Wikimedia Blog/Drafts/AOSA book vol 2
- This article is now published.
New book dives into the architecture of MediaWiki, git, puppet and other open-source applications
The Architecture of Open-Source Applications is a collection of technical essays detailing the architecture of twenty-four major open-source applications. This is the second volume of a series that aims to help developers understand how great and large programs are constructed, and the decisions (or accidents) that led to the way they now work. The series draws inspiration from books used by architects that feature case studies of the great buildings of history.
This volume contains a chapter detailing the inner workings of MediaWiki, the wiki software that powers all Wikimedia sites, including Wikipedia.
The writing of the chapter was coordinated by myself and Sumana Harihareswara. While I put together the majority of the content, it wouldn't have been possible without the initial knowledge-sharing effort made by many Wikimedia engineers and volunteer MediaWiki developers, who also reviewed and improved the several revisions the text underwent.
The chapter on MediaWiki is available on the book's website, along with the other chapters from both volumes. Its content was integrated into the documentation on mediawiki.org (at MediaWiki history and Manual:MediaWiki architecture) when it was completed in November 2011.
Greg Wilson and Amy Brown, the book's editors, contacted the Wikimedia Foundation in August 2011 to offer to feature MediaWiki in the second volume. We chose a very collaborative approach to writing the chapter to ensure that the content was accurate and thorough, and also to split the workload among subject matter experts.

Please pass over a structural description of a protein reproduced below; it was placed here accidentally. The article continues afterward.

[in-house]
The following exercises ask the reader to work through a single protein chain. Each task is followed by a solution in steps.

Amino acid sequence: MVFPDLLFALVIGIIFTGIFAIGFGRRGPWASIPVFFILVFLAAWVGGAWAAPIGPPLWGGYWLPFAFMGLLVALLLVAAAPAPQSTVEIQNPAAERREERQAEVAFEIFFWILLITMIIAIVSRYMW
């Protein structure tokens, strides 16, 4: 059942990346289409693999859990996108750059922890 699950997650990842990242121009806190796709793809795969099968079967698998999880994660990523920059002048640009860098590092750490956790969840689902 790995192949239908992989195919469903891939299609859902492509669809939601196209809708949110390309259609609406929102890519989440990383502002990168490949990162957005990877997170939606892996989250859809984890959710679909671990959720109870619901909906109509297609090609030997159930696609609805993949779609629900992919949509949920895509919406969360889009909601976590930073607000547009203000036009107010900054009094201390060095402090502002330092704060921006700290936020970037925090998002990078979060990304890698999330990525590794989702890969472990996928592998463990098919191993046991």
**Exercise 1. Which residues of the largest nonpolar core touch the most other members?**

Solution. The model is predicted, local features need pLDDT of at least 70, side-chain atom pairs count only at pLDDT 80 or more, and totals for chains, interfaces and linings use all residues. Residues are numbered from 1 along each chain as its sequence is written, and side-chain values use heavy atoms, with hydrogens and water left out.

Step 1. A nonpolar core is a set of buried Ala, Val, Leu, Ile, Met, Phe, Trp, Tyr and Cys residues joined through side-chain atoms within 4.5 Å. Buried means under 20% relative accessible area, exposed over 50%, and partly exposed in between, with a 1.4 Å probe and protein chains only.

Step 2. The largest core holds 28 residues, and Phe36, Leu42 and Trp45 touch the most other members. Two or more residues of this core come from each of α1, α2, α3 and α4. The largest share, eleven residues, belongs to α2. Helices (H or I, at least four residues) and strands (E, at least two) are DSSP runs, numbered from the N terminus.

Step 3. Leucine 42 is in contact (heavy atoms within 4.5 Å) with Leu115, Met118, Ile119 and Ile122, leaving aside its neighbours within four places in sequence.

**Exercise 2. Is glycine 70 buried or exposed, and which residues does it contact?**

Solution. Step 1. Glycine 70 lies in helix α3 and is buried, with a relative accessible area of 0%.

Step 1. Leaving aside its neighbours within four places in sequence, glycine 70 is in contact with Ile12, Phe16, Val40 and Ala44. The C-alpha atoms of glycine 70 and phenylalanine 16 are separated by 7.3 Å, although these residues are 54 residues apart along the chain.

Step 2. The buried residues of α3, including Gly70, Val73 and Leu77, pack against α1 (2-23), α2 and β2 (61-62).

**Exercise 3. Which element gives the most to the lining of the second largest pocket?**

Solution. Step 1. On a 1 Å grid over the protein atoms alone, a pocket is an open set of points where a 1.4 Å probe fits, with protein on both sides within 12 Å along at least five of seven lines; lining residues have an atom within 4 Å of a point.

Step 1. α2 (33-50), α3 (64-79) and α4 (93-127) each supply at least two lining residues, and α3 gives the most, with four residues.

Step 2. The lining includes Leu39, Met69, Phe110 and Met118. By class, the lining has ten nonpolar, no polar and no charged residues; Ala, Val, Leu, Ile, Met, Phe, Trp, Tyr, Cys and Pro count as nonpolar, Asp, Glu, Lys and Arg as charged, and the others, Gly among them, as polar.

All of the book's content is released under the Creative Commons Attribution license, similar to the license used on Wikimedia sites. It is freely available for reading online at http://www.aosabook.org, and you can also order a print from lulu.com. E-book and PDF versions will be available for purchase shortly. All royalties from purchases are donated to Amnesty International.
This is the second book published this year that contains a chapter written by Wikimedia staff, after the publication of Open Advice, a collection of essays, stories and lessons learned by members of the Free Software community.
I hope the chapter on MediaWiki, and also the rest of the book, will prove useful and interesting to the Wikimedia community and other developers. If you enjoyed it, learned from it, or would like to see more publications of this type, let us know!
Technical communications manager